Two days ago, a paper considering the role of the “quasiflat band” case in bulk heterojunction solar cells by device simulations was published online [Petersen 2012]. It is critical of the pseudosymmetric photocurrent found and interpreted by [Ooi 2008] and later also ourselves [Limpinsel 2010]. In order to focus on the physical relevance of the (non)symmetry of the photocurrent, the paper by Petersen et al neglects a field dependent photogeneration. As some good points are raised, read the new paper if you are interested in the photocurrent.
[Update 2.4.2012] Another paper showing that band bending is not needed to explain the particular shape of the photocurrent: [Wehenkel 2012].
I will come back to field dependent photogeneration later, it is still intruiging: also here, the photocurrent should (and will be) complemented by pulsed measurements such as time delayed collection field, see e.g. [Kniepert 2011].
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As I won a proposal today, I feel up to contributing once again some physics to this blog… I know, it has been a long long wait. So today it is time to consider some fundamentals of charge transport, as this is not only important for the extraction of charge carriers from the device (see earlier posts on mobility and efficiency, surface recombination velocity and photocurrent) but also the nongeminate recombination (see e.g. photocurrent part 2 and 3).
In disordered systems without long range order – such as an organic semiconductor which is processed into a thin film by sin coating – in which charge carriers are localised on different molecular sites, charge transport occurs by a hopping process. Due to the disorder, you can imagine that adjacent molecules are differently aligned and have varying distances across the device. Then, the charge carriers can only move by a combination of tunneling to cover the distance, and thermal activation to jump up in energy. In the 1950s, Rudolph A. Marcus proposed a hopping rate (jumps per second), which is suitable to describe the local charge transport. By the way, he received the 1992 Nobel prize in chemistry for his contributions to this theory of electron transfer reactions in chemical systems. Continue reading “Charge transport in disordered organic matter: hopping transport”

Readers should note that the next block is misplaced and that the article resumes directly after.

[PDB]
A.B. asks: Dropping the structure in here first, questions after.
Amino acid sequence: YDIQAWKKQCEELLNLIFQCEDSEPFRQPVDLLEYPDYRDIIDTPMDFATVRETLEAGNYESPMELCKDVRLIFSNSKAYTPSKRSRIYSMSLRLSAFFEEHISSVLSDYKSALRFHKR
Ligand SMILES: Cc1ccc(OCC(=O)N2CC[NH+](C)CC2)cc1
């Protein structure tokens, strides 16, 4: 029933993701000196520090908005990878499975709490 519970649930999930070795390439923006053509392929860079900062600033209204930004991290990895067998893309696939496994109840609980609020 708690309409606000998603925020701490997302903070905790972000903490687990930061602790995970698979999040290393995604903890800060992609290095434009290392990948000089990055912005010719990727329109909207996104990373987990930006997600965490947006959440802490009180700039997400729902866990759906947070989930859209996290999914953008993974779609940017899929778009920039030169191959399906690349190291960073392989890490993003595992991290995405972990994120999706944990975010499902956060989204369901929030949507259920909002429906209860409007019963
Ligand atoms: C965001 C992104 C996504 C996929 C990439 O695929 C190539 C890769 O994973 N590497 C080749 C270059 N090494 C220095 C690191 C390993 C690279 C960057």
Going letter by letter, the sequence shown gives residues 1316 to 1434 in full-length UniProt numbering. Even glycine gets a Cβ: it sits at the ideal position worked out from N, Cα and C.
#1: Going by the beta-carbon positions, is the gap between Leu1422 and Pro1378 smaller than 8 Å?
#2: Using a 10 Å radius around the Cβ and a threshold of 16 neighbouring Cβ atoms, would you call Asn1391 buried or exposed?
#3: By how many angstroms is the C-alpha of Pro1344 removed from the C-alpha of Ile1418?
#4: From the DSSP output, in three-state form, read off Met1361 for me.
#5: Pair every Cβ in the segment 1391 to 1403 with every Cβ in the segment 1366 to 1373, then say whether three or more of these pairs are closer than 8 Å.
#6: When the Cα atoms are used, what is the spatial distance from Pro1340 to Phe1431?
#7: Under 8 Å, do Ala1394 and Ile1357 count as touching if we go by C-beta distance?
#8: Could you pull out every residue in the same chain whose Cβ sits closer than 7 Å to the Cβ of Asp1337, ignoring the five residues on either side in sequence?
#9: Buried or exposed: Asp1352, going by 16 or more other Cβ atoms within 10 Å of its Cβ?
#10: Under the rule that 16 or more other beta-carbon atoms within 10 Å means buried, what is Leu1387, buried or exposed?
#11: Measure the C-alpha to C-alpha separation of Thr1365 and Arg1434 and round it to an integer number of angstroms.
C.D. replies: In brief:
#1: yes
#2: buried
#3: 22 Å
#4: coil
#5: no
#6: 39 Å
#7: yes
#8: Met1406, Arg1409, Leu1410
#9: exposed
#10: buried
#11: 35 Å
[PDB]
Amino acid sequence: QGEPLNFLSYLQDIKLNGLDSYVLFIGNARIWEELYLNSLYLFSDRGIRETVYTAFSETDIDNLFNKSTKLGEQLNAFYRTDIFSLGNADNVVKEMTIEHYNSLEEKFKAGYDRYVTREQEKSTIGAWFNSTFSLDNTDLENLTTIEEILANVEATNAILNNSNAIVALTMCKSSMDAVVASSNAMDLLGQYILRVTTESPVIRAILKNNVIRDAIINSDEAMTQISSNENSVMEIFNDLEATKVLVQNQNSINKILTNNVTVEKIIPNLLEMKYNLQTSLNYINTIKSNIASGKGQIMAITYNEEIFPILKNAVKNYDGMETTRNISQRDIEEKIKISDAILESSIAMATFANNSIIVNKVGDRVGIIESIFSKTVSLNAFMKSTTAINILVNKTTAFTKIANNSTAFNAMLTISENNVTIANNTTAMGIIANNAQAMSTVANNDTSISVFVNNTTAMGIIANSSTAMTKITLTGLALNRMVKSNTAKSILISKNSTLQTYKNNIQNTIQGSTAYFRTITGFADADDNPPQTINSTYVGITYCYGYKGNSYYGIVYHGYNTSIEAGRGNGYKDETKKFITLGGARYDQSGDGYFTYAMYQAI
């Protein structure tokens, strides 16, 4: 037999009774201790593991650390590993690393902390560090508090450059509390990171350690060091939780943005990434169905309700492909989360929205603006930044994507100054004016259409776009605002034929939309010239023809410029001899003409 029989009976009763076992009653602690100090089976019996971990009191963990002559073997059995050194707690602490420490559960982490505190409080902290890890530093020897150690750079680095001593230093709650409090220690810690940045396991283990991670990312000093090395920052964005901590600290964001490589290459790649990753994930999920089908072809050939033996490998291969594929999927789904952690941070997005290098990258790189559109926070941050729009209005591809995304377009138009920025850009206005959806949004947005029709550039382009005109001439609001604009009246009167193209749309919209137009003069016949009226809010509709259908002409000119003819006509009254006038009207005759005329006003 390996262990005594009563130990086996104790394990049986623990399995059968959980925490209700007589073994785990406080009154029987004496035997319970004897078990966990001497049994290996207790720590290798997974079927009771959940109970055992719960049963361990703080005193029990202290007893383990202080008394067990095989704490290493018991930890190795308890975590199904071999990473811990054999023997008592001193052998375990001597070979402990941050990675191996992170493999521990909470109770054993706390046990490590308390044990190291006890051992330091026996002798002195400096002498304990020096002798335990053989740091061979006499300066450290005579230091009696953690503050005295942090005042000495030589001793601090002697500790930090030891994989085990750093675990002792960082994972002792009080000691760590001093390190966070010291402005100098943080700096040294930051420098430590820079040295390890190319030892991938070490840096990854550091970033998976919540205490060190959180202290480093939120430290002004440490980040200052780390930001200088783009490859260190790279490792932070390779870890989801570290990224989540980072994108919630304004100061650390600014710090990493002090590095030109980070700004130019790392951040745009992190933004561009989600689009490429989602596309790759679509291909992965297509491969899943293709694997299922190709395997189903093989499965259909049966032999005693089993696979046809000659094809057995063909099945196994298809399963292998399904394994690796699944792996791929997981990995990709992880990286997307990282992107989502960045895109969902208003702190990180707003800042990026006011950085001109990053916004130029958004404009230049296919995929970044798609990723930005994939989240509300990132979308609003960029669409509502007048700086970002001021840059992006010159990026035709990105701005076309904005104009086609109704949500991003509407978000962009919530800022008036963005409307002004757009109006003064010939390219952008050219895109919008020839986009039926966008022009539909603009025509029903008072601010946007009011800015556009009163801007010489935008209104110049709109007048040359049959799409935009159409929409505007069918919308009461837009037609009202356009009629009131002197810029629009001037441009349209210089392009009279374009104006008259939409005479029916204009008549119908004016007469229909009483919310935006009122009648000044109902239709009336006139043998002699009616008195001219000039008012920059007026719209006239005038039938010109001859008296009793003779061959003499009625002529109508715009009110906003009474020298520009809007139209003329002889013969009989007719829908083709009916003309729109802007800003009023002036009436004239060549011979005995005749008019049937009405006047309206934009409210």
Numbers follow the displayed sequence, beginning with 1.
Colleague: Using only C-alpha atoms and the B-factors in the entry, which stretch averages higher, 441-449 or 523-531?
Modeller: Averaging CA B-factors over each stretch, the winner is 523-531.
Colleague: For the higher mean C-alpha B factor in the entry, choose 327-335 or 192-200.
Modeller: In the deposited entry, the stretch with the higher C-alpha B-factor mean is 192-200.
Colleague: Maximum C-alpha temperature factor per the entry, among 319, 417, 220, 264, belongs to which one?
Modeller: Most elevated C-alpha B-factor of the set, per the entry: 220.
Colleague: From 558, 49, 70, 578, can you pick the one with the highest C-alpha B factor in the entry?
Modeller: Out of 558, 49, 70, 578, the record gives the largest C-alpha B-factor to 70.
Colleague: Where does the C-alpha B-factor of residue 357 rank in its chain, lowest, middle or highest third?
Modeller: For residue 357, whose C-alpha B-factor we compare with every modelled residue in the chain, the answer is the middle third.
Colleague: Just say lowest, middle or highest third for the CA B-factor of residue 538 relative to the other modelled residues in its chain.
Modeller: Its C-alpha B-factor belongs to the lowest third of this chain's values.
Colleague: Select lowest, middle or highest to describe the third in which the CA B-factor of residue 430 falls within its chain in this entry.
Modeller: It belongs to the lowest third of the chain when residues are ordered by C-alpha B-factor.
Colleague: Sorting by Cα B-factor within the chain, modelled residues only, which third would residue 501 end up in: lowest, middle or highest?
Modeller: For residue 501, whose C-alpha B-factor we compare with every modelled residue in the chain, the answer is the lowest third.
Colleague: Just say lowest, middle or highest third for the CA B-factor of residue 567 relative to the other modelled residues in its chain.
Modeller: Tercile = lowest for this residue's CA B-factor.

Hi there, I am late again, but nevertheless: a happy and successful year 2012!
I have collected a few links which might or might not interest you. Also, I plan to start with some scientific (background) posts again. Let’s see how this works out:-)
Press release of Heliatek: Heliatek achieves new world record for organic solar cells with certified 9.8 % cell efficiency. Evaporated small molecule tandem with area above 1cm2. Very good! Also, Mitsubishi Chemical has reached 10.1% efficiency on solution processed small molecules.
Nature looks back at the science year 2011: 365 days: Images of the year.
Interesting, although not related to physics: Syllabus for David Foster Wallace’s class “English 102-Literary Analysis: Prose Fiction Fall ’94”. Clear rules, yeah! Forgot who linked to it, sorry. Continue reading “2012”
Already 8 weeks past, recently some Videos (well, stills of the slides plus audio) of the Solar and LED Session of the SPIE Optics and Photonics 2011, San Diego went online.
Here are two or three which might interest you (well, they got my attention;-) but there is more to be found on the above mentioned web site – although I had to modify the settings of my ad blocker to be able to watch. No, there are no ads; still…
Before you scroll down, let me mention some other “findings” of potential interest: